The docking exercise at the statin-binding site of HMG-CoA reductase suggested that linalool and α-terpineol achieve docking scores comparable with therapeutically used HMG-CoA reductase inhibitors. However, the size and surface area of the active molecules are considerably smaller than the substrate HMG-CoA and the statins (Supplementary Fig. S2). Hence, they do not occupy the full substrate/inhibitor binding pocket, and instead bind to sub-pockets within the substrate/statin binding pocket.

The possibility of binding to other probable cavity/pockets was also explored via the prediction of pockets and subsequent docking to those pockets. Two such pockets were identified that were commonly predicted by two programs (Fig. S3). Each active ingredient was docked onto all these pockets and docking scores of the most likely solutions were plotted (Fig. 10(E) and 10(F)) and the ligand–protein interactions were identified by the LigPlot program (Fig. 10(G) and 10(H)). The docking exercise at those pockets also suggested that linalool and α-terpinyl acetate possess higher docking probabilities.

Discussion

Antioxidant synergy by reductionism

The green extraction technology of SC-CO2 has delivered ‘melatonin-rich YMbest' and ‘1,8-cineole-rich SCbest’ extracts from YM and SC seeds, respectively. Although reductionism through SC-CO2 extraction was conducted using statistical design models and analytical tools, chemical profiling and determination of SE values revealed a synergistic consortium of antioxidants in either extract, and not melatonin and 1,8-cineole as isolated single antioxidants. The present study established methodological reductionism as a successful approach to obtain consortia of bioactives from plant parts which exhibited antioxidant synergies. These synergistic consortia of antioxidants in the spices could reduce in vivo lipid peroxidation rate, restore antioxidant activity and delay the development of hypercholesterolaemia(54) in animals, rendering the extracts suitable for in vivo investigation in redressing this oxidative stress disorder(55).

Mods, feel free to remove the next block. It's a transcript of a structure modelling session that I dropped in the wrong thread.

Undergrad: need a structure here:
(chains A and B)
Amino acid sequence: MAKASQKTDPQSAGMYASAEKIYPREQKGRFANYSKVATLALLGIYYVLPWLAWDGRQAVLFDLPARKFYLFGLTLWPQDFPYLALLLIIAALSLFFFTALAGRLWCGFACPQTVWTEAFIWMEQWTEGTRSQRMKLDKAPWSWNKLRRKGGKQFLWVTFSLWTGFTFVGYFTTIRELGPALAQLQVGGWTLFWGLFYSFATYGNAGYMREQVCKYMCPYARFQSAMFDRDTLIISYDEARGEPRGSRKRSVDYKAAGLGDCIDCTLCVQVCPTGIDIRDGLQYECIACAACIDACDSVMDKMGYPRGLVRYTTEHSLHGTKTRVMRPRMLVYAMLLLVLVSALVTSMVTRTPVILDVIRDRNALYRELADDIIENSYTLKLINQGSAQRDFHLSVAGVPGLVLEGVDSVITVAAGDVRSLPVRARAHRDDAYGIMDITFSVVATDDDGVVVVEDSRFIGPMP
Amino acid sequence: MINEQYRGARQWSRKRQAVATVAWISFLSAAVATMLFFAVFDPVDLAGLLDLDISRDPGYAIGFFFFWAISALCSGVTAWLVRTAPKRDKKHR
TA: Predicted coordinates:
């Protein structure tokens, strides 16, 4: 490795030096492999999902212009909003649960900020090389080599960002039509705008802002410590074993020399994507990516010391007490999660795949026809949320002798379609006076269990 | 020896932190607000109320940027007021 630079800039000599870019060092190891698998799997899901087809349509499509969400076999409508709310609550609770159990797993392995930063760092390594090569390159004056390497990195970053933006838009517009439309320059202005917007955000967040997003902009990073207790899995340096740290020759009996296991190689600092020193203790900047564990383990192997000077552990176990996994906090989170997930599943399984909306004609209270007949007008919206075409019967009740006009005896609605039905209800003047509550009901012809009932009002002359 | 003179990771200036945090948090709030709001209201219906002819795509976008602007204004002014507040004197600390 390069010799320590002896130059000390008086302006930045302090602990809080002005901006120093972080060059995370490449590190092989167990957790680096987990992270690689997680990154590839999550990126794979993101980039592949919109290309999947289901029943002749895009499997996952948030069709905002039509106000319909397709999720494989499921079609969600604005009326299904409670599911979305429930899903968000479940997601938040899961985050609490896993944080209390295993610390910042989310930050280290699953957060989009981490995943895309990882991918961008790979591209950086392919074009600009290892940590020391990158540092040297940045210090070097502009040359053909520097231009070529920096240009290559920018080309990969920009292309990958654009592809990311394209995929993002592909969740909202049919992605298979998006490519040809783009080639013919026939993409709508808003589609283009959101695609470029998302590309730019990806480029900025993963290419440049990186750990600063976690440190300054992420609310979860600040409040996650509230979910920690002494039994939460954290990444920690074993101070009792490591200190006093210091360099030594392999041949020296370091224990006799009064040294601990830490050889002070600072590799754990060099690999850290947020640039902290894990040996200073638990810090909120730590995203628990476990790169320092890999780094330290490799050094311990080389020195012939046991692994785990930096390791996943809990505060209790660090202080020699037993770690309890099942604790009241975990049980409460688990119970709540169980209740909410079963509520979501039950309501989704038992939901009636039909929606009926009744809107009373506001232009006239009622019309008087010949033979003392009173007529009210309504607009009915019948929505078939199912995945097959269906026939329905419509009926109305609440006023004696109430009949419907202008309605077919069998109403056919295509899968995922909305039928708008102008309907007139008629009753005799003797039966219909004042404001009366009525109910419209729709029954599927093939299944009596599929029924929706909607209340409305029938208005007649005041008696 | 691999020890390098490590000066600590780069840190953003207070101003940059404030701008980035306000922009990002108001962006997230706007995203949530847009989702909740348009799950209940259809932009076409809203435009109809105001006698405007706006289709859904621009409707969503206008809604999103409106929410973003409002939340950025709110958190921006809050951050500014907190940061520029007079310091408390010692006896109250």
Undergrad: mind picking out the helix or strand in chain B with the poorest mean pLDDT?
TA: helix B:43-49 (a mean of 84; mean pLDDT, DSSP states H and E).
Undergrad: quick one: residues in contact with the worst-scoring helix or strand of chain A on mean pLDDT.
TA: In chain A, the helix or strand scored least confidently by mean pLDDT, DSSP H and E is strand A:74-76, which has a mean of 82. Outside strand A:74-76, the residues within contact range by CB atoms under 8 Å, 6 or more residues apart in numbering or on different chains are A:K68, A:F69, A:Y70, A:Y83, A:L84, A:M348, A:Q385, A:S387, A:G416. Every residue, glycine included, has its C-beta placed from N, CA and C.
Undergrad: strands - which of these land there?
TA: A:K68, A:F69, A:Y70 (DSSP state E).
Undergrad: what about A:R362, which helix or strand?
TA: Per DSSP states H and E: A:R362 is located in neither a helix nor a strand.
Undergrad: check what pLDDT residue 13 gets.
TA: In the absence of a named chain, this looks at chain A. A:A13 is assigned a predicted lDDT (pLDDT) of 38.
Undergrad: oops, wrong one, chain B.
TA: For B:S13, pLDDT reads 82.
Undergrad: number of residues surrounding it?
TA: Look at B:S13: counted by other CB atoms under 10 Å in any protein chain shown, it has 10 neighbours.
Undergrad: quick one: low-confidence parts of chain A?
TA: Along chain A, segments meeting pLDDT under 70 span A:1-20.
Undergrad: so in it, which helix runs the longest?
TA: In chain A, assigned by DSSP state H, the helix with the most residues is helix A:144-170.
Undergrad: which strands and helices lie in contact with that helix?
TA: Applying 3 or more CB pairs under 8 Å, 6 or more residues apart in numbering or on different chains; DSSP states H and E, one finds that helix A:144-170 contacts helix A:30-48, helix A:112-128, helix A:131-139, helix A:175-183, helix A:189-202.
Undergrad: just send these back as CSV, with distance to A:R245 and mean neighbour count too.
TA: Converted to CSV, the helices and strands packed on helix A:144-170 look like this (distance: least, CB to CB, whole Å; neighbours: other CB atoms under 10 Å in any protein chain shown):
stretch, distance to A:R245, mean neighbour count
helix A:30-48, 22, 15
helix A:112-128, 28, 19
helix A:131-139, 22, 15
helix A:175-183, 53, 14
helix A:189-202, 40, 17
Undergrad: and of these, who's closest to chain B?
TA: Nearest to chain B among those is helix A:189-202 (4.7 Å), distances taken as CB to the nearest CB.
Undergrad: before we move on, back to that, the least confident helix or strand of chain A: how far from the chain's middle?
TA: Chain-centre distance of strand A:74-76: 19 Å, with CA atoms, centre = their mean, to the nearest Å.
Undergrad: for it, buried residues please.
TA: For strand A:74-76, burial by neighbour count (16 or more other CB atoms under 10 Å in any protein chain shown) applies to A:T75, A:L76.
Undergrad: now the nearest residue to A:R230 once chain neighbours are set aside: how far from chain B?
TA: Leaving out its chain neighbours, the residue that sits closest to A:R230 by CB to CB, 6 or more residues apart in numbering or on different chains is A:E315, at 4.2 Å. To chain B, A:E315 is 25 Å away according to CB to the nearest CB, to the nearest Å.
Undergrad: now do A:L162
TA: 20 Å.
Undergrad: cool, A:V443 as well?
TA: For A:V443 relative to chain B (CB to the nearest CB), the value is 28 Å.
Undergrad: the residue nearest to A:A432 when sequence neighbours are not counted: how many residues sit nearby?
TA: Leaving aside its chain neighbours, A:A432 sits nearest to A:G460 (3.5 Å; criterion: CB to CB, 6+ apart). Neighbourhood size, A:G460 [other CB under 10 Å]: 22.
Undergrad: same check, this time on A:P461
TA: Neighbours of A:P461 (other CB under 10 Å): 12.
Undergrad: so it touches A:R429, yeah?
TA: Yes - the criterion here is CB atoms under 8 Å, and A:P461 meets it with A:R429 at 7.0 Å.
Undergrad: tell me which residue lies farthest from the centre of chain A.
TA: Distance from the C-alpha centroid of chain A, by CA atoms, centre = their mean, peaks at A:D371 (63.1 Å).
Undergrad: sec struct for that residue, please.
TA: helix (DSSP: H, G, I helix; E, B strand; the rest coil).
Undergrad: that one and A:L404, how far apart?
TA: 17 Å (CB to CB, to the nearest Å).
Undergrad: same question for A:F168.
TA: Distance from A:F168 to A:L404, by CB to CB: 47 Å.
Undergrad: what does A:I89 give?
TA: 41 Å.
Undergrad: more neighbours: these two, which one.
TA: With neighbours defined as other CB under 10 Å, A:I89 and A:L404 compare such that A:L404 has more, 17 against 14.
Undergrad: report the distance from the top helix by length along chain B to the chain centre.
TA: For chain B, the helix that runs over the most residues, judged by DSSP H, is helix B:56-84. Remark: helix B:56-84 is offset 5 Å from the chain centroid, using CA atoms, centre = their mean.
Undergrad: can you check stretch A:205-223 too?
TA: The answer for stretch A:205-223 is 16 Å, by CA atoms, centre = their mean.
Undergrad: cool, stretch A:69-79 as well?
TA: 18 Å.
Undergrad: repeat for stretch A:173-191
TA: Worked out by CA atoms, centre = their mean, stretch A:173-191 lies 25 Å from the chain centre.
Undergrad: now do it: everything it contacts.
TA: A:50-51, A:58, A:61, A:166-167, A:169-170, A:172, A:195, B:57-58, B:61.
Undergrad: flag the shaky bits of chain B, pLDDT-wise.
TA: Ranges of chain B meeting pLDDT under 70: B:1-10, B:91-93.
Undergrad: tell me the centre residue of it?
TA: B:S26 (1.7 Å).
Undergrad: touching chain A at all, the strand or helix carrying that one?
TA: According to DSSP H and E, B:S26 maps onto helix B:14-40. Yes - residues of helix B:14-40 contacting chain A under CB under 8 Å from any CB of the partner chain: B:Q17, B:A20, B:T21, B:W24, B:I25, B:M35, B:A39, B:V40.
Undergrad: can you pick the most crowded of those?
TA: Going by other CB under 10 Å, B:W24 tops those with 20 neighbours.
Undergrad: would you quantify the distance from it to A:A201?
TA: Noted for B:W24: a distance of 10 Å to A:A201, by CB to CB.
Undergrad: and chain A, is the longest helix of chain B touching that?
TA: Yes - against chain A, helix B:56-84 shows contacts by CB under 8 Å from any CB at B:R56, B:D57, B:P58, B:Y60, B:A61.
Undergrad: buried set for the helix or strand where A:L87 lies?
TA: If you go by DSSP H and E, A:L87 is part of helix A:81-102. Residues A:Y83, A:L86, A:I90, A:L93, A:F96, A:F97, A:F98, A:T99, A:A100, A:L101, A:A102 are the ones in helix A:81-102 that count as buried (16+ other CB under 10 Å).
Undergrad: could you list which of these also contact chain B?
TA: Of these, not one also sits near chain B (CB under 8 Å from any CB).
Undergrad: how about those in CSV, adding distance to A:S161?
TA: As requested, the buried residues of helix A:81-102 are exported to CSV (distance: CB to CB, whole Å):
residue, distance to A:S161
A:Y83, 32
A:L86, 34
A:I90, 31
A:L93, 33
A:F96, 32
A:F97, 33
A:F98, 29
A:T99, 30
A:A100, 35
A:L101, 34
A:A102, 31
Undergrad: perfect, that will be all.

In vivo efficacies of the supercritical carbon dioxide extracts

Co-administration of YMbest and SCbest at a dose of 550 mg/kg BW for 15 d along with a single dose (175 mg/kg BW) of Triton X-100 resulted in the maximum reduction of serum TC levels. Hussain(56) had reported a 13·75 % reduction in the serum TC level of hypercholesterolaemic Sprague–Dawley rats, treated with standard melatonin (10 mg/kg) for 30 d. However, a higher hypocholesterolaemic efficacy of YMbest extract has been established in the present study compared with those treated with whole mustard seeds (14·90 % after 90 d)(16). Similarly, the rats treated with SCbest also exhibited a higher reduction in serum TC level than those reported by Nagashree et al.(17) for SC seed oil (31 % reduction at a dose of 3 g/kg BW after 8 weeks). Therefore, it could be reasonably concluded that the strong hypocholesterolaemic activities of SCbest and YMbest were not owing to their respective bioactive principles alone but rather due to the consortia of bioactives therein. Moreover, administration of extracts also improved the serum TAG as well as lipoprotein levels (increase in HDL-C and decrease in LDL-C).